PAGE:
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Messerschmitt Me 262 A


Eduard Dual Combo, 1/144 scale

S u m m a r y

Catalogue Number: Eduard Kit No. 4420 - Messerschmitt Me 262 A Dual Combo (two kits in one box)
Scale: 1/144
Contents and Media: 42 parts in olive coloured plastic; 2 parts in clear; markings for four aircraft.
Price: USD$9.95 available online from Eduard's website.
Review Type: FirstLook
Advantages: Great detail for this tiny scale; two complete kits in the one box; accurate outline; high quality plastic; narrow sprue attachments; excellent instructions and packaging; four great decal options; almost perfect fit.
Disadvantages: Good eyesight required!
Recommendation: Highly Recommended

Reviewed by Brett Green

Eduard's 1/144 scale Messerschmitt Me 262 A will be available online from Squadron.com



Modelers are fortunate to have very good models of the Messerschmitt Me 262 to choose from in 1/32, 1/48 and 1/72 scales.

Eduard added 1/144 scale to that list in February with their two-seater Me 262 B-1a. Now they have released the single-seat day fighter, the Messerschmitt Me 262 A-1a.

This "Dual Combo" boxing supplies two entire kits.

Eduard's new Me 262 A comprises 42 parts in olive coloured plastic and 2 parts in clear; plus a decal sheet with markings for four aircraft..

Surface detail is truly remarkable. It is fine and crisply recessed and, as seen here, easily stands the test of high levels of photographic magnification. The plastic itself is gorgeous too, being very smooth and almost completely free of imperfections. The only issues are a couple of sink marks in the seat backrests, which will be well and truly hidden by the rear cockpit bulkhead.


Click the thumbnails below to view larger images:


Despite its diminutive dimensions, the kit offers locating pins and holes in key areas such as the fuselage halves, horizontal stabilisers and the landing gear.

Detail is barely compromised by the size of the model. The cockpit has seats and sidewalls, the wheels look great, the big main wheel well is laid out just like the real thing, with the bottom of the cockpit tub visible through the open doors, separate intake and exhaust bullets are supplied and some of the smaller details include retraction struts for all three gear legs.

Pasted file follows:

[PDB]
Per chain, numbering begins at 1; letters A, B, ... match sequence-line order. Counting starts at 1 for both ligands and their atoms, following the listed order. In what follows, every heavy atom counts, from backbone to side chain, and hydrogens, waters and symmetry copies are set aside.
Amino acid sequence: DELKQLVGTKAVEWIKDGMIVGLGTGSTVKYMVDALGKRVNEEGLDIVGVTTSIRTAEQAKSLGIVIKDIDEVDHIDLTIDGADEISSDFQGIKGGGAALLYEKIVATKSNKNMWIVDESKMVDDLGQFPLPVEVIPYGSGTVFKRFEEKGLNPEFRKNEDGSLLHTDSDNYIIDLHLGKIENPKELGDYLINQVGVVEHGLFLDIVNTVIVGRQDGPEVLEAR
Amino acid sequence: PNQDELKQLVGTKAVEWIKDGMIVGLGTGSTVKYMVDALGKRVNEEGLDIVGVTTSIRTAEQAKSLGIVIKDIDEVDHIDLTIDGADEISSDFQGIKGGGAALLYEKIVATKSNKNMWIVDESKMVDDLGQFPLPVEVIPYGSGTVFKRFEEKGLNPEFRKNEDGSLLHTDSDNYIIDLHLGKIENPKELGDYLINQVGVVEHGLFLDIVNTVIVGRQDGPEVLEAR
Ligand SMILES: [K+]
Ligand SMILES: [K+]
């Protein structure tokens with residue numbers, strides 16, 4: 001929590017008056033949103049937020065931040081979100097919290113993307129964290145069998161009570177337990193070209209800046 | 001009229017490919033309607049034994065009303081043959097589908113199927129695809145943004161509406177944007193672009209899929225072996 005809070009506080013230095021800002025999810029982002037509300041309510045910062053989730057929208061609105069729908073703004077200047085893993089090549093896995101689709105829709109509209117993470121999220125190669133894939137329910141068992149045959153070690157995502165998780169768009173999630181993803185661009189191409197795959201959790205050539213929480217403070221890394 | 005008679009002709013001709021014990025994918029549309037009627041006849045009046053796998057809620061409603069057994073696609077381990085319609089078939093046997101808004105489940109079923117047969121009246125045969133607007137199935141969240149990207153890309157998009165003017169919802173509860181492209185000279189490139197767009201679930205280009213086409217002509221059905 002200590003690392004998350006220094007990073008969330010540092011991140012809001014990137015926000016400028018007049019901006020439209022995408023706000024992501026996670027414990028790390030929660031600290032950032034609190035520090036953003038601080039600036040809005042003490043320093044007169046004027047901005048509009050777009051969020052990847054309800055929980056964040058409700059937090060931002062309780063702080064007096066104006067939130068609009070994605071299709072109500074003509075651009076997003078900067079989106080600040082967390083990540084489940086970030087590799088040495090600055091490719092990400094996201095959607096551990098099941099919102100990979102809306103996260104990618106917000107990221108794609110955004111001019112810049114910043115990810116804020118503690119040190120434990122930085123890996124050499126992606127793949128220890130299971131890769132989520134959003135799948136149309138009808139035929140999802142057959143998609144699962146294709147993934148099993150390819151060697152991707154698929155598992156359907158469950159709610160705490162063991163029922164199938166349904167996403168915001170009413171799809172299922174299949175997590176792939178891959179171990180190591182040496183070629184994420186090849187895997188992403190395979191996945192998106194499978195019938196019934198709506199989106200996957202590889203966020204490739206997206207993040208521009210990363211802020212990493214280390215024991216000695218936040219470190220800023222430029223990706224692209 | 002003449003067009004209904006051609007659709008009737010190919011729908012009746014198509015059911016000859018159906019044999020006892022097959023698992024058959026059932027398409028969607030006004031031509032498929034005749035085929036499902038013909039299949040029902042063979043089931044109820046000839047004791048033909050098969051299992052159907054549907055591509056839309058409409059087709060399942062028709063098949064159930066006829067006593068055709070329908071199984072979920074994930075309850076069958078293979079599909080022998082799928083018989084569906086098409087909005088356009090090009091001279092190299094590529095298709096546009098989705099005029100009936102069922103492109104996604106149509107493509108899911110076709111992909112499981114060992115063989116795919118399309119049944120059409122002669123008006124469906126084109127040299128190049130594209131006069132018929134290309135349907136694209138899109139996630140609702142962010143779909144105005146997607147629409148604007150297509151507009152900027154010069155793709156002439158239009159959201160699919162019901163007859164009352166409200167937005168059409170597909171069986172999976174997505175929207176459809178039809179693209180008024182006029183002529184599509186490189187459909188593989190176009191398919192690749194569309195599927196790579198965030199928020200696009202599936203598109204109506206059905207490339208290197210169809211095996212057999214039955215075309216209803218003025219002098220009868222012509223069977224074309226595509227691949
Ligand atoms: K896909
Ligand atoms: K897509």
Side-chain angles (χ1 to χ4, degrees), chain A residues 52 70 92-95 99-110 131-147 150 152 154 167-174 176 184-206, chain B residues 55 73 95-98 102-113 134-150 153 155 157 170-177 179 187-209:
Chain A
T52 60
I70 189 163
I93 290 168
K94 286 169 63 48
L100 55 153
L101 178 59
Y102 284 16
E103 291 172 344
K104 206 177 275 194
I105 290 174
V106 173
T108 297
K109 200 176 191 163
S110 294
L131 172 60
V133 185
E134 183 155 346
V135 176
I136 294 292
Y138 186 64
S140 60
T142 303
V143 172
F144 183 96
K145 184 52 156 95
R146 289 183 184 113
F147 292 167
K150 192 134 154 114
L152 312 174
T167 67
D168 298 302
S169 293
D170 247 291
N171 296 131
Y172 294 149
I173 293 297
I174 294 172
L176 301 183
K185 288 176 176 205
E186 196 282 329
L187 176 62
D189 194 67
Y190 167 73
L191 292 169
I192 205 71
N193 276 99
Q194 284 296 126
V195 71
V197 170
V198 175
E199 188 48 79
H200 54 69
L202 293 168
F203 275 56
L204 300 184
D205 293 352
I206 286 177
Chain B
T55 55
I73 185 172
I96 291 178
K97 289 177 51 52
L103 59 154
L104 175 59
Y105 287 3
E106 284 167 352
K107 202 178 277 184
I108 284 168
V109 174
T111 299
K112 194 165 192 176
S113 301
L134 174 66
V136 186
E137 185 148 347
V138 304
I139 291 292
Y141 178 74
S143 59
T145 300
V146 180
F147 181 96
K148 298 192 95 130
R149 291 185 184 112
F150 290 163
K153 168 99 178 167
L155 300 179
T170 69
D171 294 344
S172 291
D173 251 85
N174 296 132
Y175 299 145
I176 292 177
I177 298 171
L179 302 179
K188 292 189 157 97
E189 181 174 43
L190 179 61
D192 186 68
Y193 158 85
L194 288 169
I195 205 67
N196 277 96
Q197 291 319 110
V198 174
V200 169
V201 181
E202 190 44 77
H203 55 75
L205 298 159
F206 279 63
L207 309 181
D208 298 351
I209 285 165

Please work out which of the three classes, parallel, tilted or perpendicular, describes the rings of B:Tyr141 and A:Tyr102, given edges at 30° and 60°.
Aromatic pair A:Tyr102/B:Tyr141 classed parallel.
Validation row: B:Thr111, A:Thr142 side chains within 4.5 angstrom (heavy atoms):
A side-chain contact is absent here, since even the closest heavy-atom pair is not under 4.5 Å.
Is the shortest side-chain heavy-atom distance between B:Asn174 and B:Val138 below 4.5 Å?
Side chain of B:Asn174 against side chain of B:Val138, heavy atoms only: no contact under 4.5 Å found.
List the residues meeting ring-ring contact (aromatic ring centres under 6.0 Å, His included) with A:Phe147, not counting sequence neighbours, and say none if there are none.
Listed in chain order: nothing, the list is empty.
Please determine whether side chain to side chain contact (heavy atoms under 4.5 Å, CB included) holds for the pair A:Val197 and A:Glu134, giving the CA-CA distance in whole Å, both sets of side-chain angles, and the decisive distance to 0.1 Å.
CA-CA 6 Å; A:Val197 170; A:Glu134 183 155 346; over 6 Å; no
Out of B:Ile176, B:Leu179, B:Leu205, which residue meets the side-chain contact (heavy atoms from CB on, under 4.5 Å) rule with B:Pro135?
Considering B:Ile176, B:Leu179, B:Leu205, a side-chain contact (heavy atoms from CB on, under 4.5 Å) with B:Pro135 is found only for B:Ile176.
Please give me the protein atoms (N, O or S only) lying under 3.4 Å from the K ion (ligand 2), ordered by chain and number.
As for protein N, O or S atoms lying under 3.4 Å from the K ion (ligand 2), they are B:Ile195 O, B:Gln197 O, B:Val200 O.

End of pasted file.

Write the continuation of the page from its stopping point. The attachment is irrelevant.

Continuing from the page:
Unlike the earlier Me 262 B, this kit does not include a photo-etched fret. However, the photo-etched frets in the aforementioned Me 262 B kit have six spare DF loops and two spare Morane masts, some of which could be used on these kits.

Bomb bodies and drop tanks are supplied, but there are no bomb fins. I presume that Eduard will be releasing a dedicated Me 262 A-2a Jabo kit in the future with photo-etched fins.

Instructions are supplied in an A-5 size 6 page loose leaf booklet. This is accompanied by four pages of marking guides, each with a four-view illustration.



Markings are provided for four interesting aircraft.

  • Me 262 A-1a of Kommando Nowotny, finished in 81 and 82 with a narrow yellow fuselage band

  • Me 262 A-1a of III./EJG 2, finished in 74/75 greys

  • Me 262 A-1a of JV 44, in 81/82 upper surfaces with a green/blue checked fuselage band

  • Me 262 A-1a of JG 7, in a striking finish of 82/83 greens with a white nose and red/blue KG 7 RV bands

Decals look to be very thin, in perfect register and of high quality. Even tiny details such as stencils and perfectly legible Werknummern are included. Swastikas are not shown on the box, but they are supplied (whole and in one piece each) on the decal sheet.



Construction Tips


Construction of this model is identical to the earlier Me 262 B with the exception of the rear cockpit and the fuselage, so I will repeat the description of the two-seater build that I built back in February: